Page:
A small-business debt consolidation loan can reduce loan interest rates, cut the number of monthly payments, lower monthly debt service costs and provide superior terms.
Not surprisingly, many small-business owners analyzing the pros and cons of a business debt consolidation loan decide it makes good financial sense. More than one in four (27 percent) of 2,952 small firms that were surveyed for a 2019 Federal Reserve report were seeking financing to refinance existing debt.
Here are four situations when refinancing with a small-business debt consolidation loan can be helpful.
1. Lower Interest Rate
One of the biggest potential pluses of a business debt consolidation loan is the opportunity to lower interest rates on outstanding debt.
“If a business owner has one or several loans at higher interest rates they can get substantial savings by consolidating those higher interest loans into a lower interest rate," says Michael Taggart, the Granada Hills, California-based author of Goodbye Debt, Hello Future and co-founder of DebtReliefCenter.org. “The lower interest rate of a single loan can then speed up their ability to completely get rid of the debt.
“A consolidation loan can give a bit of breathing room and help a business owner get more aggressive in paying down their debt," Taggart adds. “In this situation, I would recommend a business owner look into consolidation loan options."
Turning many loan payments into a single fixed monthly payment on a business debt consolidation loan can help simplify a business owner's life. This is more than a mere convenience. It can mean saving time by writing fewer monthly checks and incurring fewer late fees for errors.
A related benefit is the opportunity to convert personal debt into business debt. Many business owners use personal credit cards to fund a business in the early years, notes Gerri Detweiler, education director for Draper, Utah-based small-business finance marketplace Nav.
“Now the business is doing well and you want to move to business credit," Detweiler says. “You could consolidate some personal loans and credit cards with a business loan."
One advantage of this move is the potential to boost the business owner's personal credit score if the personal debt has been affecting his or her personal credit score, Detweiler adds.
3. Lower Monthly Payment
Turning a number of loans into a single loan may mean having a single monthly payment that is lower than the combined payments on the previous debts. That can significantly improve a business's cash flow.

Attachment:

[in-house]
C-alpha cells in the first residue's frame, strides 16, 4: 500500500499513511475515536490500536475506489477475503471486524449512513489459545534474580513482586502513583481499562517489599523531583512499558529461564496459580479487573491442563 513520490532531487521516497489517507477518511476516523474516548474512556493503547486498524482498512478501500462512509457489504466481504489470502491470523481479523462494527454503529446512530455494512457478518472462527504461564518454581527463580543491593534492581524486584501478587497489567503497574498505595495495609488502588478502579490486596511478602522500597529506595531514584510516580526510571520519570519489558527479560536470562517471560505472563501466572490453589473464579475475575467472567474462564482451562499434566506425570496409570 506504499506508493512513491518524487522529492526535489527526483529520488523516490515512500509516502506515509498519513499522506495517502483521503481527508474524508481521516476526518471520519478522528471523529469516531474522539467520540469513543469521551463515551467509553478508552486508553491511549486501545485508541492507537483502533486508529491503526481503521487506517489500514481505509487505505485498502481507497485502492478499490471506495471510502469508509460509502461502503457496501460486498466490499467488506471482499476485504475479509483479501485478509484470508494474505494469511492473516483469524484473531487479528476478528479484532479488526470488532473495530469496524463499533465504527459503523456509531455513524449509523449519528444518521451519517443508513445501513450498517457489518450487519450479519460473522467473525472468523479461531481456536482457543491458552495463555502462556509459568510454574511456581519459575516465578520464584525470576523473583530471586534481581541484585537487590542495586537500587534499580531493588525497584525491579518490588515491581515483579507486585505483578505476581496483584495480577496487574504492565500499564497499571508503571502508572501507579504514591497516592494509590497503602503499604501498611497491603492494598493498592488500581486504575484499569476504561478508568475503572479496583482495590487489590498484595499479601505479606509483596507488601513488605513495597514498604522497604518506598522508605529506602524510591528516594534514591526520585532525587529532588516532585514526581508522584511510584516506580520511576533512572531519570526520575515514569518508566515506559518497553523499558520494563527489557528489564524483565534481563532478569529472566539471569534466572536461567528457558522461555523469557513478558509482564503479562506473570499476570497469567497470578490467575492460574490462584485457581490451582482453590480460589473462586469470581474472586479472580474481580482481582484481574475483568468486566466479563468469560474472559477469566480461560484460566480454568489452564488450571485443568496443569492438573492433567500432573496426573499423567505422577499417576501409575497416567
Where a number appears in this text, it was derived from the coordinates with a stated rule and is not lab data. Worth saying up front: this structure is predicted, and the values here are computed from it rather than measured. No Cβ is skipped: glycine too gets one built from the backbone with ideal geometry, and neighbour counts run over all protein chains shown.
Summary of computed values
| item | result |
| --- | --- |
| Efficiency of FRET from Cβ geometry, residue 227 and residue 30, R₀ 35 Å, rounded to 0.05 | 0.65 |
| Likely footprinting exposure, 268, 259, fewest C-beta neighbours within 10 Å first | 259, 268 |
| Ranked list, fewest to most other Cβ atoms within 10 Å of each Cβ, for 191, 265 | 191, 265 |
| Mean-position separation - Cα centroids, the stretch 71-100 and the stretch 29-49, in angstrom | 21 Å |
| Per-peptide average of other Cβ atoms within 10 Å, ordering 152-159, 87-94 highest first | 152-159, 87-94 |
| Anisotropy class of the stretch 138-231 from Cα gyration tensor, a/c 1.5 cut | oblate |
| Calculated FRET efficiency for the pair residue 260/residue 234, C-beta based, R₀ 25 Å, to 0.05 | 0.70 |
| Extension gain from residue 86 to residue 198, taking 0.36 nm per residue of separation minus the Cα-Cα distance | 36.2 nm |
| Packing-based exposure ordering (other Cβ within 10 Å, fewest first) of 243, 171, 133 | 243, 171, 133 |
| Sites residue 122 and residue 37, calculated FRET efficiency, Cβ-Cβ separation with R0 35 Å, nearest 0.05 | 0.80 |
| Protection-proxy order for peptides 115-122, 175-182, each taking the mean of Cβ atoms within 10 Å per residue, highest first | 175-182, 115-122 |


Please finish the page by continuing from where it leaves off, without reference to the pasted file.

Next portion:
Debt consolidation loans allow businesses to convert short-term debt into longer-term debt, Detweiler notes.
“Entrepreneurs often have short-term financing when really what they need is long-term capital," she says.
4. Reduce Collateralization
Terms with some types of short-term business financing may let the lender place a lien on some of the business's assets, Detweiler says. This can restrict a business's ability to obtain future financing.
If the debt owed by the business is mostly unsecured, then you could be putting your business at risk by converting that unsecured debt to a secured debt that is collateralized.
—Michael Taggart, co-founder, DebtReliefCenter.org
A consolidation loan, on the other hand, can let a business refinance under more favorable terms.
“You might be able to consolidate debt to something that doesn't have such heavy collateral requirement," Detweiler says. That can help increase financial flexibility and make a business more attractive to other sources of capital.
Limits of Loan Consolidation
Not every analysis of a business' finances will arrive at a positive answer to the question of: “Is debt consolidation worth it?" A business owner who wants to preserve future financial flexibility, for instance, might want to be cautious about refinancing with a consolidation loan that doesn't have such a heavy collateral requirement.
“If the debt owed by the business is mostly unsecured, then you could be putting your business at risk by converting that unsecured debt to a secured debt that is collateralized," Taggart says. “Unsecured debt can usually be negotiated with lenders successfully as they, most likely, get nothing in the event of a bankruptcy. However, if you have to put up real estate, equity or other assets against the consolidation loan, you could lose those if you fail to pay off the debt according to the terms."
Another consolidation loan red flag might be a term that lets the lender call the loan at any time.
“This means you would have a short period of time to pay off the entire loan," Taggart says. “For many small businesses this can be an insurmountable hurdle as they are left to try to borrow more money, at a likely higher interest rate, to pay off the loan they recently got."
Many business owners considering whether or not to get a debt consolidation loan will decide it represents an appealing opportunity. And in the future, Taggart expects, debt consolidation loans will be an increasingly common approach to business capitalization.
“Lenders and borrowers can now meet online and there are more and more loan types being offered to borrowers every day," Taggart says. “I believe that we will see a continued rise in loans due to the efficiencies provided by our new digital world."
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